Beth Moon is a photographer who specializes in classic black and white imagery. Over the last 14 years she has been traveling the world documenting the oldest and largest trees on the planet. To promote her new book "Ancient Trees: Portraits in Time," Moon has shared this behind-the-scenes video of her platinum printing darkroom process which is pretty interesting to watch. Platinum printing is viewed by many to be the absolute best form of archival printing, and Moon's results are absolutely gorgeous.
Dodge and burn, frequency separation, and other techniques used by high-end retouchers are great but time-consuming. Shooting and retouching weddings, as well as fashion and beauty, I sometimes find myself spending way too much time on wedding retouching. Being used to cleaning skin with dodge and burn for beauty, I tend to do the same with weddings. Which, as you can guess, is not very profitable. The same thing goes for proofing portrait sessions. I like to give lightly retouched proof images instead of pure raw files. So for weddings and portraits proofs I had to come up with a quick way to clean skin without making my images look too bad. Here is how I do it.
The future of sharing live video through social media is definitely heating up through apps like Periscope and Meerkat. Basically these apps turn your phone into a live streaming webcam that you can use to share whatever you want to the world. Although Ustream and Youtube have already allowed users to stream live video from other devices like a GoPro, Meerkat is about to make things a lot more interesting by being the first native app to broadcast from the sports camera. This could make social media way more interesting to watch.
Photographer Aaron Draper is using his photography skills to bring awareness about homelessness by providing us gorgeous images of our human society's proverbial underbelly. By taking time to apply his artistic eye to the invisible, he's forcing the average person to stop and think about their respective roles in our world. As they say, a picture is worth a thousand words. Check out this behind-the-scenes video and a few shots of Draper's fine work.
I’m often amazed by how many photographers don’t really know all that much about the technical aspects of operating their gear. While I’m not expecting everyone to go out and study how the mechanics of a lens works, I think it is utterly paramount when you are on a shoot that the actual act of operating your equipment to achieve a professional-quality image should be trivially easy so that you can focus on the more important aspects.
When I first looked at placing my camera into the water I noticed that there was a lot of different options. The most practical and safe method was the big and very expensive dive housings that are used for scuba diving. The cheapest, most dangerous option was the little plastic zip lock bag-type housings that can be found on eBay for $100. I wanted something that would not break the bank, but would also be safe enough that I could put in an expensive DSLR plus a lens, and trust it would be safe. These stipulations are what brought me to the Outex underwater housing.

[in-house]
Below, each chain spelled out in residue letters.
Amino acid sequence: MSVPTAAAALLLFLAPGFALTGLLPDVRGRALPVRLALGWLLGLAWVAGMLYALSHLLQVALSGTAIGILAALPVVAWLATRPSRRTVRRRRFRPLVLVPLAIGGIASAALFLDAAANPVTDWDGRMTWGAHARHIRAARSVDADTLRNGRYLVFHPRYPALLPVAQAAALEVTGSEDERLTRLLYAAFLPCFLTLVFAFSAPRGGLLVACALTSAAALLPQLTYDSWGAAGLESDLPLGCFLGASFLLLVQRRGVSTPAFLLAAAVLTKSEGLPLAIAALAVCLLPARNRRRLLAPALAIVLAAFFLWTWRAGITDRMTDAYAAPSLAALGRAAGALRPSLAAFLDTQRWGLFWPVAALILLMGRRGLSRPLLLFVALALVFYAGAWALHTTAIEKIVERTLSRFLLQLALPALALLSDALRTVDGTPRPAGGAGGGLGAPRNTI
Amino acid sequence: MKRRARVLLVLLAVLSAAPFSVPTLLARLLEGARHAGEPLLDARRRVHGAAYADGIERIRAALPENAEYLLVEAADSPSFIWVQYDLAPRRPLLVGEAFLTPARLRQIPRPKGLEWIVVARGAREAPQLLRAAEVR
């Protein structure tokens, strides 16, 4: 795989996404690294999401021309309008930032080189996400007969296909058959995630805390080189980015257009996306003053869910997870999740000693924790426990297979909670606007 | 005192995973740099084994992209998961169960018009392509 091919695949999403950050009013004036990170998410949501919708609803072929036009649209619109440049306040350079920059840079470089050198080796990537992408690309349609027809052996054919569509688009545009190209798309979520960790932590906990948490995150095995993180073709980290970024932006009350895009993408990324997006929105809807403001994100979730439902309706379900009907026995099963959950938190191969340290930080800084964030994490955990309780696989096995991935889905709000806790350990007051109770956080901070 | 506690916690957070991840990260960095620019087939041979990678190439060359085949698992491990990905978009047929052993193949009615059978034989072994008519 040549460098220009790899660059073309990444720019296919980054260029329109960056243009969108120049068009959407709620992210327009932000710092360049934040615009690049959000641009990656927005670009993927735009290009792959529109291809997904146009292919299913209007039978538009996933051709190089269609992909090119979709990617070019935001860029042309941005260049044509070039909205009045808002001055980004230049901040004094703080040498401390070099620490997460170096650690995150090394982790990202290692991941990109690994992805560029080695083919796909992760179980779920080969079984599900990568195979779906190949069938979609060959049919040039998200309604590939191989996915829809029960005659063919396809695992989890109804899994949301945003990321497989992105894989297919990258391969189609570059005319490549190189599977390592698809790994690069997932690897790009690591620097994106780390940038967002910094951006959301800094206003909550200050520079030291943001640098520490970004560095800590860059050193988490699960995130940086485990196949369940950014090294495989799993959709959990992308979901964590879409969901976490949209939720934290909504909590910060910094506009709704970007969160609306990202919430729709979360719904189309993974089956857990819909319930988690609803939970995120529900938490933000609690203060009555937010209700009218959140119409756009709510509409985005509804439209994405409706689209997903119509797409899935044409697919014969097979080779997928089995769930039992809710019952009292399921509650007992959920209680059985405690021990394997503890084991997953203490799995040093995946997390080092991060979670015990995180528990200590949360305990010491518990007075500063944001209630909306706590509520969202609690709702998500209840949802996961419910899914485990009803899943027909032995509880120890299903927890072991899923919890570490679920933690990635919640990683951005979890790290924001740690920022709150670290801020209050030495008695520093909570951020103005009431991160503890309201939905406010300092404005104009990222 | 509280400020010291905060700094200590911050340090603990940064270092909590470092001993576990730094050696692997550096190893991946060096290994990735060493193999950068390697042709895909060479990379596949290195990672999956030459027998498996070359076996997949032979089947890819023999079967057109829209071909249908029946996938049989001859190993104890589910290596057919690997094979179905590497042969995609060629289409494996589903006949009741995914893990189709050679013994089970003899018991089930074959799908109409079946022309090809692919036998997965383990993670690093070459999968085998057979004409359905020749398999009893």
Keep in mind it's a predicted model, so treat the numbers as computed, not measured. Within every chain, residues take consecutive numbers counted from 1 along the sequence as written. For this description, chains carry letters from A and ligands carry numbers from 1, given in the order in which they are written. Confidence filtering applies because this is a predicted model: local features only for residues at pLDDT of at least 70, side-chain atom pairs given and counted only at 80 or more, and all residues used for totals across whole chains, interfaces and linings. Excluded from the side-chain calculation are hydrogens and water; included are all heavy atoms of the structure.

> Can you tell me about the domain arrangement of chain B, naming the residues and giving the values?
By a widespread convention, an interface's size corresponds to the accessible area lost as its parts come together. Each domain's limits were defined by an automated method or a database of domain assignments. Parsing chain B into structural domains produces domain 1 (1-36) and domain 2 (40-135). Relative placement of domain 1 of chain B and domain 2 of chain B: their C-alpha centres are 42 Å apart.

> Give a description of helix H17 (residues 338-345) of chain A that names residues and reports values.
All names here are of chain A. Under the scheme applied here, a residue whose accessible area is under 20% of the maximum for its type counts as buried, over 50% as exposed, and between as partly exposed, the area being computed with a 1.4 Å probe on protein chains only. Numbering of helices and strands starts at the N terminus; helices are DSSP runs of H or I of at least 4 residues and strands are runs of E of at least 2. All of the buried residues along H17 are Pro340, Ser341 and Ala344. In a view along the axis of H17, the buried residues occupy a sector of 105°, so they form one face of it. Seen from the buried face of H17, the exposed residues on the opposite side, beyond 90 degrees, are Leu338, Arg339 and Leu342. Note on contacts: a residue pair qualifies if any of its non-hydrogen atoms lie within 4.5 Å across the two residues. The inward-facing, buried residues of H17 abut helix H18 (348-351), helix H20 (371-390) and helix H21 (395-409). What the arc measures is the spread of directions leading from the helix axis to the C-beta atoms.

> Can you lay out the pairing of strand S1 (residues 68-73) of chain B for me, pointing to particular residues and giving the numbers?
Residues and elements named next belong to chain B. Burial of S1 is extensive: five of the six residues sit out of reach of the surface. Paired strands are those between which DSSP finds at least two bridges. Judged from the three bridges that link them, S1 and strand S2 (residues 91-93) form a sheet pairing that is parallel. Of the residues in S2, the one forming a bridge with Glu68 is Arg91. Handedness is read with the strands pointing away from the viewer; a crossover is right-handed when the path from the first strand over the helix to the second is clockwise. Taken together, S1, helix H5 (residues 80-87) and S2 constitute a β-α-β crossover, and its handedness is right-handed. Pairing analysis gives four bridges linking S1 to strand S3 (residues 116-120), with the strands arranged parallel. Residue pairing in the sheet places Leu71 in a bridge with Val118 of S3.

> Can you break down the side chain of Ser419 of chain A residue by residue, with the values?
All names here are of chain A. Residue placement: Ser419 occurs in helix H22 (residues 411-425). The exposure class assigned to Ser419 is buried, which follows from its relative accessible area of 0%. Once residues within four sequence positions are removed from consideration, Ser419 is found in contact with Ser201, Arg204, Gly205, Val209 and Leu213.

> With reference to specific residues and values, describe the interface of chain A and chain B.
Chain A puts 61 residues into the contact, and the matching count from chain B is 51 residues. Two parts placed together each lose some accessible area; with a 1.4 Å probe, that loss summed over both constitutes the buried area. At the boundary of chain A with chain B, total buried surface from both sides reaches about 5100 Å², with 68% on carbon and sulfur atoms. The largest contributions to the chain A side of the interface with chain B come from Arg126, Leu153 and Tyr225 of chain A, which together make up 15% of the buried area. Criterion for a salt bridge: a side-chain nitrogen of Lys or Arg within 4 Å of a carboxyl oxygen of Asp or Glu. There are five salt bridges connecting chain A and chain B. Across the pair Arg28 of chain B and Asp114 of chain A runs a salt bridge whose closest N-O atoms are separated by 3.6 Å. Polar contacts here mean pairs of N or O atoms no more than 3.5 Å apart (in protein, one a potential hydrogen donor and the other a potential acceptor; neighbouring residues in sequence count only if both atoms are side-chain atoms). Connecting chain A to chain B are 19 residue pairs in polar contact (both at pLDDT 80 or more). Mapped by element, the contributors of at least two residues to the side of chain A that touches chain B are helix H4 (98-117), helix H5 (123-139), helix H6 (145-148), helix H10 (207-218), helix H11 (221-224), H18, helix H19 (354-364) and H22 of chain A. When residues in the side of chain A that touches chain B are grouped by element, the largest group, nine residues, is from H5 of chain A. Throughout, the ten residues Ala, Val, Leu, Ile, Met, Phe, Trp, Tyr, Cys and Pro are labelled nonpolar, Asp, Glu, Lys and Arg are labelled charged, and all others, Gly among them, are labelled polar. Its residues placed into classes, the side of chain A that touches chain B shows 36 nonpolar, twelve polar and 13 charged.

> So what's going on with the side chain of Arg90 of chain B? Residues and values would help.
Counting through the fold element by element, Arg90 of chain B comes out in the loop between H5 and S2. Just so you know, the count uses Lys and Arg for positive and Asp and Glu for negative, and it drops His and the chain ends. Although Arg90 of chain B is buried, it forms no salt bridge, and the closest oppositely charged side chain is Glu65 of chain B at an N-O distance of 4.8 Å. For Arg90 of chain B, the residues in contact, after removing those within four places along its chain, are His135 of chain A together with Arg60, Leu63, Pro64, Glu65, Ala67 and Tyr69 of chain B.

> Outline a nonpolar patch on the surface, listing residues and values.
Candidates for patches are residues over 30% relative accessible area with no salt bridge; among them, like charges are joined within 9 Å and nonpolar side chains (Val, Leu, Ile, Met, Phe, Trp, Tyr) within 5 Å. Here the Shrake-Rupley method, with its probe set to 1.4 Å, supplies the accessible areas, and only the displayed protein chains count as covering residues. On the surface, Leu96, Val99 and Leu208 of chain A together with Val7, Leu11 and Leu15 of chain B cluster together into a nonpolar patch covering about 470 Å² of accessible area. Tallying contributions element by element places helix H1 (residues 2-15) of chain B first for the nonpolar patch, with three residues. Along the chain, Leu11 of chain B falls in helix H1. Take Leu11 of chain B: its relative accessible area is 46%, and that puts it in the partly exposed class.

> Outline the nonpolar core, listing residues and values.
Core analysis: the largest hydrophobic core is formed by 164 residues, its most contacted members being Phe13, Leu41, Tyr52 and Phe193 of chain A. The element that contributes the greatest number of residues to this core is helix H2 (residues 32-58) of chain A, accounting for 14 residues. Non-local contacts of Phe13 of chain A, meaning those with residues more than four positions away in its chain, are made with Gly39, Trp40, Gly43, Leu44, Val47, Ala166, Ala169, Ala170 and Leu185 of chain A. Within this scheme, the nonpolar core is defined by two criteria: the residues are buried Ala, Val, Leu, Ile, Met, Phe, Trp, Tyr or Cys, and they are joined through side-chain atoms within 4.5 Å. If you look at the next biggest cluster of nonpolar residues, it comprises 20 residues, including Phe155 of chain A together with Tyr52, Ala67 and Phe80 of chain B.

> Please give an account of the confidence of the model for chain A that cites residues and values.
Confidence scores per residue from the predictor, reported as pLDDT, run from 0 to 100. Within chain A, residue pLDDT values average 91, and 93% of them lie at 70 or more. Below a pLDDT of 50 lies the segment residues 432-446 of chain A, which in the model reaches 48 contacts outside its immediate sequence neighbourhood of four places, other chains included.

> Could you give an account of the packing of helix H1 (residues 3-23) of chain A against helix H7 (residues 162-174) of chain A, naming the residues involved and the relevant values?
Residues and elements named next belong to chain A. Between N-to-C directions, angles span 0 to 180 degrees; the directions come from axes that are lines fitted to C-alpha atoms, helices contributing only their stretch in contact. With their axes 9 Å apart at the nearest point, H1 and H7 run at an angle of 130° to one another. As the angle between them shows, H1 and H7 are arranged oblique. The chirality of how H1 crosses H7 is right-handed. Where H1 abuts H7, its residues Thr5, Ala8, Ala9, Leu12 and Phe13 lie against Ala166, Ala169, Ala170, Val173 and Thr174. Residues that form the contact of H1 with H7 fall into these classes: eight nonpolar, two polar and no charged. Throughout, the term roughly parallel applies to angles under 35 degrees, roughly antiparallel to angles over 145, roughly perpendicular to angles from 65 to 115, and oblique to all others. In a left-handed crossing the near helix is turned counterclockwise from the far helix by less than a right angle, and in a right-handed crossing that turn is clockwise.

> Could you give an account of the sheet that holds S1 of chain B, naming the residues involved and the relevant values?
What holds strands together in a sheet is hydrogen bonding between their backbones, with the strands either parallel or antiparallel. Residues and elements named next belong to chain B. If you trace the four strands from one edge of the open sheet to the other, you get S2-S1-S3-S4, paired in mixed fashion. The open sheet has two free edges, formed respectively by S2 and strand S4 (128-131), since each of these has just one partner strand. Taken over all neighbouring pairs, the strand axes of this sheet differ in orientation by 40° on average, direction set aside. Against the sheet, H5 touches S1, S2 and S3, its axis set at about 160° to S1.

I'm embarrassed to admit that I didn't know who Trey Ratcliff was until a few months ago. Being that I was engulfed in landscape photography for the last 10 months of my life, Trey's name eventually came up in conversation. If you didn't know, Trey is "the most followed photographer in the world" and now he has created a camera bag.
Whether you’re just starting out in product photography and are trying to figure out where is the right direction to head, or have been in the business for a long time and want to hear another professional’s perspective, this interview with Tony Roslund is going be well worth watching. From starting up and getting his first clients, to maintaining relationships with those clients and running a business, to establishing a style and making an impression on potential clients, Roslund’s stories and experiences that he shares are a perfect mix of interesting and informational.
I remember when Fuji was struggling about 10 years ago. I worked at Ritz Camera and I recall trying to convince people to NOT buy Fuji as I assumed they would be going out of business very shortly. In the last few years they have rebuilt their brand and have basically created their own unique high-end retro photography market.
Solid state hard drives are the future. They aren't just a little faster, most of them are at least twice as fast as their mechanical grandparents. If your computer has enough ram, upgrading your primary drive to a SSD is the cheapest way to boost your computer's performance, especially with these deals.
Last week Google released its DeepDream code to the public to play with. This code was created while attempting to enhance a computer's ability to recognize a certain scene or object. This code was capable of doing some pretty creepy things to your photos, and now it has become a web app.